Philip A. Glotzbach, president of Skidmore College, provided the annual Founders Day address at Centre College on Jan. 21, 2015, in Newlin Hall of the Norton Center for the Arts. Glotzbach has been president of Skidmore, a leading liberal arts college in Saratoga Springs, N.Y., since 2003. During his tenure as president, Skidmore has been guided by the concept of “creative thought matters.” Glotzbach’s accomplishments include a new first-year curriculum and an ambitious strategic plan that emphasizes student academic engagement, intercultural literacy and responsible citizenship. He has written widely on the value of the liberal arts, academic leadership and governance, and the value of science literacy in the liberal arts, among other topics. As part of the Founders Day ceremony, Centre awarded Glotzbach the honorary degree Doctor of Humane Letters. Read more.
[accordion_item caption=”Liberal Education and Democracy: Developing Citizen Intellectuals”]
Without support from suitably educated citizens, no democracy can remain stable.
– Martha Nussbaum
Democracy is the worst form of government, except for all those other forms that have been tried from time to time.
– Winston Churchill
President Roush, Ms. Cornett, Professors Stroup, Johnson, and Lashley, Reverend Axtell, members of the Centre College faculty, staff, and administration, and most importantly, Centre students, please accept my most sincere and heartfelt thanks for your invitation to receive an honorary degree and to speak to you on the occasion of your annual Founders Day. Knowing the caliber of those who have preceded me on this stage, it is truly a humbling experience to stand with you today.
The fact that you convene this gathering each year speaks volumes about the culture of Centre College. It reaffirms the mission of your school as a community of teachers and learners, and it highlights the common goals of American liberal arts colleges taken together. Such expressions of purpose are enormously important today, when so many strident voices challenge the value of a liberal education, in general, and question, in particular, not only whether our small liberal arts colleges can continue to exist into the future but whether they, in fact, deserve to do so.
The national conversation about higher education has shifted profoundly in recent years. In the 1950s and 60s, it was all about investment and access. Among other things, we were worried about falling behind the Soviet Union in science and technology, and there was no question that it was in our national interest to build new teaching and research capacities and extend the opportunity of higher education to previously underrepresented and underserved populations. In the late 1960s and early 70s, our campuses became centers of protest around the Viet Nam War, civil rights, women’s rights, and gay rights – calling for societal change and drawing criticism from some quarters for becoming overly politicized. Today, after several decades of governmental disinvestment in higher education and sharp increases in comprehensive fees, our discussions focus on the high cost of college and whether particular courses of study lead to high paying jobs.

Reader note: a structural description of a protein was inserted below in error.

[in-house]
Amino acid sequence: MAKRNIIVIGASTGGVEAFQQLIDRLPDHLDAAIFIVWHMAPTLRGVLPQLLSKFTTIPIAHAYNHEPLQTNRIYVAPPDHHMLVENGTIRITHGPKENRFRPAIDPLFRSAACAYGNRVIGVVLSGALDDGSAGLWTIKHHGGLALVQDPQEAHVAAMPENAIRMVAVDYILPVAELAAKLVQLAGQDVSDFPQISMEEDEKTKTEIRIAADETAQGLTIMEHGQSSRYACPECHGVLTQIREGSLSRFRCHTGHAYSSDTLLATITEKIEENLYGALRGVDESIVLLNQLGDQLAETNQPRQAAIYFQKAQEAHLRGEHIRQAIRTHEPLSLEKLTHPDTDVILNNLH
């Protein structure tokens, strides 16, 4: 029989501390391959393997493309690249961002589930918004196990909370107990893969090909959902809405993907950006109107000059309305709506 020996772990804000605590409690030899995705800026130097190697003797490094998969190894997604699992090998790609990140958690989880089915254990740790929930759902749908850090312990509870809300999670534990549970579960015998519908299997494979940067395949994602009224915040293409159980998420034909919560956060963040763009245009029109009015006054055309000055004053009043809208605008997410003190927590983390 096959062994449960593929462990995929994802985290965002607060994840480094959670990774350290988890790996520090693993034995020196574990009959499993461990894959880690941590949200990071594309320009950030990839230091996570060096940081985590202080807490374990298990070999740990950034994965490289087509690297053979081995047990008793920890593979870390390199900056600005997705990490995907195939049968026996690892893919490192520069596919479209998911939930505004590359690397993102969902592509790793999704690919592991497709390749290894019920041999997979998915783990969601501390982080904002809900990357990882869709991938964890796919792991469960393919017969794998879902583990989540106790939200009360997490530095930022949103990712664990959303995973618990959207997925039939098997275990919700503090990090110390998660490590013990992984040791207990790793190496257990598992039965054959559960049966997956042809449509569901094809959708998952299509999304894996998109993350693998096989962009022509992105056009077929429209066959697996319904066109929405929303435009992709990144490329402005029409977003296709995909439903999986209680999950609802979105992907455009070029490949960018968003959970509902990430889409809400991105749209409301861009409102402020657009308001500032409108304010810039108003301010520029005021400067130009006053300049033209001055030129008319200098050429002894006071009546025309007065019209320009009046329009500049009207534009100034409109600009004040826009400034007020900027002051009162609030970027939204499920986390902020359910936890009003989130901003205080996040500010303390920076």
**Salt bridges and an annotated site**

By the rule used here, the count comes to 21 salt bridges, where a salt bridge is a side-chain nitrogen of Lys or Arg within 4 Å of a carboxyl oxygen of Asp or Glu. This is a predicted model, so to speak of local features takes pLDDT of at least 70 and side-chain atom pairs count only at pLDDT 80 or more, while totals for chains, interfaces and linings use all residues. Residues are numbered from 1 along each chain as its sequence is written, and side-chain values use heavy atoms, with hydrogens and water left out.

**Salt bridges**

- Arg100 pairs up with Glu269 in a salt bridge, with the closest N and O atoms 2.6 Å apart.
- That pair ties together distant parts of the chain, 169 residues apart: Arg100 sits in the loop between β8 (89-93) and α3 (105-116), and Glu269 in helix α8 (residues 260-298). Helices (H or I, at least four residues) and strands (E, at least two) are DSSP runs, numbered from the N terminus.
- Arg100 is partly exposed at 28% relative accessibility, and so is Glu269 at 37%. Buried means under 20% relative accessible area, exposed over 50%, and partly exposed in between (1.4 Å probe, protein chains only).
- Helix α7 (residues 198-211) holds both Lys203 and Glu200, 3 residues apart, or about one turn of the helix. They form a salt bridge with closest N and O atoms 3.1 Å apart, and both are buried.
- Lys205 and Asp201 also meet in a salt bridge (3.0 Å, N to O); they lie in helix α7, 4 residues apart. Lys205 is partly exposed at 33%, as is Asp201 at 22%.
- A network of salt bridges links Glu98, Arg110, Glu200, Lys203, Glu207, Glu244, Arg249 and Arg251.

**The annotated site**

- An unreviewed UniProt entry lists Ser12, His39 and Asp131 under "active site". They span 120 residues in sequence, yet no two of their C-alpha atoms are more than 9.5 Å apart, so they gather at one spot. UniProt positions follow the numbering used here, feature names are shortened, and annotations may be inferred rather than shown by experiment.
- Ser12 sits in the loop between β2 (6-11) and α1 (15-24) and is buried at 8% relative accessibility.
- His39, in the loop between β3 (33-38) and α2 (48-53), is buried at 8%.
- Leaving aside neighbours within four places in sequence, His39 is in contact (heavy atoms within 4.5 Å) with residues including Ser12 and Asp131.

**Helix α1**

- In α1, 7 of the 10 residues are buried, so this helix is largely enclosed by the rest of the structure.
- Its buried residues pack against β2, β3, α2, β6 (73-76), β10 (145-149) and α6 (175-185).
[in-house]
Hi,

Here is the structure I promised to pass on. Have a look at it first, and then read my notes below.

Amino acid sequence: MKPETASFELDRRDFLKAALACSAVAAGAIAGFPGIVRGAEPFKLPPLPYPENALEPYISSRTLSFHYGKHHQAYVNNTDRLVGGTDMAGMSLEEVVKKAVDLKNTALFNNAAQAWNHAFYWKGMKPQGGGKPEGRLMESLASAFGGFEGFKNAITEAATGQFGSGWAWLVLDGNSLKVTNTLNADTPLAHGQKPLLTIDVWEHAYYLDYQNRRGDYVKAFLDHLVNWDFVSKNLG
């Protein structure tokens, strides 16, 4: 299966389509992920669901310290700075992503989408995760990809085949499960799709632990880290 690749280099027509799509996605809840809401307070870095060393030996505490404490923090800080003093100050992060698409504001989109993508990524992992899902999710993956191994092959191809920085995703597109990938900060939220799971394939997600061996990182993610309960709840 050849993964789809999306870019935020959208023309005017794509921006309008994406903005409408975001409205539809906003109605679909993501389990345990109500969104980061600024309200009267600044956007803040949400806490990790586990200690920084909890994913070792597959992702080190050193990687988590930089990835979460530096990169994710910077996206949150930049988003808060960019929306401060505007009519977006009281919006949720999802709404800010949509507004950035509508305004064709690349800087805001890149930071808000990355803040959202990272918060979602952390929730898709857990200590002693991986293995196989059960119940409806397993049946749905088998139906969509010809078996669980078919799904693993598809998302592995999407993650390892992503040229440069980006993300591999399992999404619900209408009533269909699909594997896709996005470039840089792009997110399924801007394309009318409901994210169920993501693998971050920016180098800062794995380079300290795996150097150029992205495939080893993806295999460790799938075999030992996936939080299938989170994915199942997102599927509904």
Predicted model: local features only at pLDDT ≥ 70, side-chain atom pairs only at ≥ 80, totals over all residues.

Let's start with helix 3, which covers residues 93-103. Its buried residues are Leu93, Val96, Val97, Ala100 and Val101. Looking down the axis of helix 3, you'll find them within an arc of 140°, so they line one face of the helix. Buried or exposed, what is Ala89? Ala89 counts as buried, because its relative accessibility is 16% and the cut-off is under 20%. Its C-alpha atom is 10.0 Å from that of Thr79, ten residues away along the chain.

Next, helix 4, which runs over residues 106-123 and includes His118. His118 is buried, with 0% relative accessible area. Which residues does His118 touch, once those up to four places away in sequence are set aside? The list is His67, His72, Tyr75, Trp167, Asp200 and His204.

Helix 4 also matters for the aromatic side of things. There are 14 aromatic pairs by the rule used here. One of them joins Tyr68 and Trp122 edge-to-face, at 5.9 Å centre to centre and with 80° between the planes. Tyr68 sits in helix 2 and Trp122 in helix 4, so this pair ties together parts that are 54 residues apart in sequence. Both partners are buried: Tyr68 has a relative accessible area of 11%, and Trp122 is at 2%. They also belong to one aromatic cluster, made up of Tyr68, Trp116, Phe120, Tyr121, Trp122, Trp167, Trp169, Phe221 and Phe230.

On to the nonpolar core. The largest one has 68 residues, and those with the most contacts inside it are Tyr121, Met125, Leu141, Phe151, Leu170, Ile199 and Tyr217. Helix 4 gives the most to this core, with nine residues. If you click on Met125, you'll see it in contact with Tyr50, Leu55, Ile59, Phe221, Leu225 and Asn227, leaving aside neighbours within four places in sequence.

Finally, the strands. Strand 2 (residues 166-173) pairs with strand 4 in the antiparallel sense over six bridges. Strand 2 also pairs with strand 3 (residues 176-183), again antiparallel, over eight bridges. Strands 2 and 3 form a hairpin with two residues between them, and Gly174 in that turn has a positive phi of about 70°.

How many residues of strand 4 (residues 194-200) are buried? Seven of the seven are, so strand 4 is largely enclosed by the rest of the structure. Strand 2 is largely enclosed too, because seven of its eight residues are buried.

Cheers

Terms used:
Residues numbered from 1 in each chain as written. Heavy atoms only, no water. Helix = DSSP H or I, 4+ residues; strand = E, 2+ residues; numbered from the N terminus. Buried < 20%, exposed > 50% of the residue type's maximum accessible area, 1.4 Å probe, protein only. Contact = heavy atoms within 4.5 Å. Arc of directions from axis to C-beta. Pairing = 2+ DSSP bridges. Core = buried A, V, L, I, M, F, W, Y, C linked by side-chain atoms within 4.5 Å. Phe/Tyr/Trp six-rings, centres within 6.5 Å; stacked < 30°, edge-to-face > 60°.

There are, of course, many dimensions to the “value” of liberal education. Given the trauma of the Great Recession of 2008 and the continuing economic uncertainties the entire world still faces, it is understandable that our society has become increasingly focused on the economic burdens that families and students must bear to pursue a college degree and the subsequent “return” on that investment. Today every college and university president is expected to address these issues with multiple audiences. Your own President Roush is both a thoughtful and articulate proponent of liberal education. I suspect he would agree with me that making the economic case for schools such as Centre and Skidmore is actually one of the easier parts of our job. It is considerably more difficult, however, to broaden this discussion to include the many other values inherent in liberal education.
One reason for our society’s focus on the economic analysis is that we have come to think of higher education as primarily a private good – a personal investment that pays off when an individual student graduates and successfully enters the workforce. The prevailing ethos in our consumption-oriented society, in which just about everything imaginable is for sale, certainly encourages us to take a consumer-oriented approach to education. But even from an economic perspective, a college education manifestly represents not just a private good but also a public good. For example, as economists Sandy Baum and Michael McPherson point out, “people with a college education [add to] the flexibility, innovation and productivity of the work force,” increasing prospects for prosperity and social advancement not just for themselves but also for the entire country. Without at all denying the importance of these economic considerations, I want to direct our attention to an even more significant dimension of the public good represented by higher education, one that has been notably absent from our national conversation in recent years: the role of liberal education in preparing our graduates to take their place as citizens in a democracy.